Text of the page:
When Michael Jackson and Lionel Richie penned "We Are The World" in 1985, they probably never envisioned the Africa charity song as a soundtrack to a North Korea propaganda video.
But an instrumental version of the iconic song is the musical centerpiece of a new video that depicts a North Korean bombing of America.
The video, interspersed with an animated space shuttle and patriotic flag waving, culminates with an all-out aerial assault on an unspecified U.S. metropolis, followed by a massive explosion.
Then we see (presumably) real footage of a Pyongyang rocket launch, punctuated by the image of a dreaming North Korean man.
The translation of the text at one point reads: "I see some black smoke somewhere in America. Perhaps the devil's dungeon dictating to everyone is burning by the fire I created."
The video comes as Pyongyang threatened "stronger" measures in response to "hostile" U.N. sanctions following its December rocket launch.
"The DPRK (Democratic Peoples Republic of Korea, or North Korea) has drawn a final conclusion that it will have to take a measure stronger than a nuclear test to cope with the hostile forces nuclear war moves that have become ever more undisguised," the North's KCNA state news agency said, according to Reuters.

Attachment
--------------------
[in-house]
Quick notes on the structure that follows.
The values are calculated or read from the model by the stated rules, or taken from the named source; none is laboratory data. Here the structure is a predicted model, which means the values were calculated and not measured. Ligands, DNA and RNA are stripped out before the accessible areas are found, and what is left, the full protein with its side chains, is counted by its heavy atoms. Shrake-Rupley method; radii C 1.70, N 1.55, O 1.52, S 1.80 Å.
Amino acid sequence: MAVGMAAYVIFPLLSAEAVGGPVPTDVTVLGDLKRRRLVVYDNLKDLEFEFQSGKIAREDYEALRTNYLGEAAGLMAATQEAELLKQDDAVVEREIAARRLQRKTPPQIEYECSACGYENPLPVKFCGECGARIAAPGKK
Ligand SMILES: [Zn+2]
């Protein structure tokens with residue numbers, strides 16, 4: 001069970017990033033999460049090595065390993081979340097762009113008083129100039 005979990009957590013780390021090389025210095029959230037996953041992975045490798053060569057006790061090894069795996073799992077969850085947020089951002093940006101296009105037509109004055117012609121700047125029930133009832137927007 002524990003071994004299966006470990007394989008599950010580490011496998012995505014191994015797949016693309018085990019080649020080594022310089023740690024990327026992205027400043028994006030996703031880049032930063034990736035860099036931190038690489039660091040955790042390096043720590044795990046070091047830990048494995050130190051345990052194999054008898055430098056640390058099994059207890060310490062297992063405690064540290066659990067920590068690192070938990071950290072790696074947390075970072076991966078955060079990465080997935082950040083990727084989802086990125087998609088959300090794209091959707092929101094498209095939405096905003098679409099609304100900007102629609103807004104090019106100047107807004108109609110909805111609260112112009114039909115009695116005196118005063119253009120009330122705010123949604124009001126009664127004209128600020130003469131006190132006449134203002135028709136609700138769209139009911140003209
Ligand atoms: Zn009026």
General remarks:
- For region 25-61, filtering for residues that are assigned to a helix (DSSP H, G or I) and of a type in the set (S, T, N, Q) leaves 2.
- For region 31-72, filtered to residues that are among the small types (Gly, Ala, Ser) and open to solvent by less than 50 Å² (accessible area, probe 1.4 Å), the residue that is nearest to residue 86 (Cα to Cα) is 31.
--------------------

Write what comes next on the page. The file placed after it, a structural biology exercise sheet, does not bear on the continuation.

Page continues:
South Korean and U.S. troops began naval drills Monday in a show of force partly directed at North Korea amid signs that Pyongyang will soon carry out a threat to conduct its third atomic test.
South Korea's U.N. ambassador said Monday a North Korean nuclear test "seems to be imminent."
Ambassador Kim Sook said there are "very busy activities" taking place at North Korea's nuclear test site "and everybody's watching."
Kim said that in the event of a nuclear test, he expects the U.N. Security Council to respond with "firm and strong measures."
North Korea announced last month that it would conduct a nuclear test to protest Security Council sanctions toughened after a satellite launch in December that the U.S. and others say was a disguised test of banned missile technology. The council ordered North Korea in the sanctions resolution to refrain from a nuclear test or face "significant action."
Editor's note: The original version of this story had an embedded version of the video originally posted to YouTube. However, as the BBC reports, some of the scenes in the North Korean-produced propaganda video were lifted from the popular 2011 video game "Call of Duty: Modern Warfare 3." As a result, the video game's maker, Activision, requested the video be taken off Youtube, and it was as of Tuesday afternoon. The current version of the North Korea propaganda video referenced in this article that is embedded above comes courtesy of LiveLeak.com.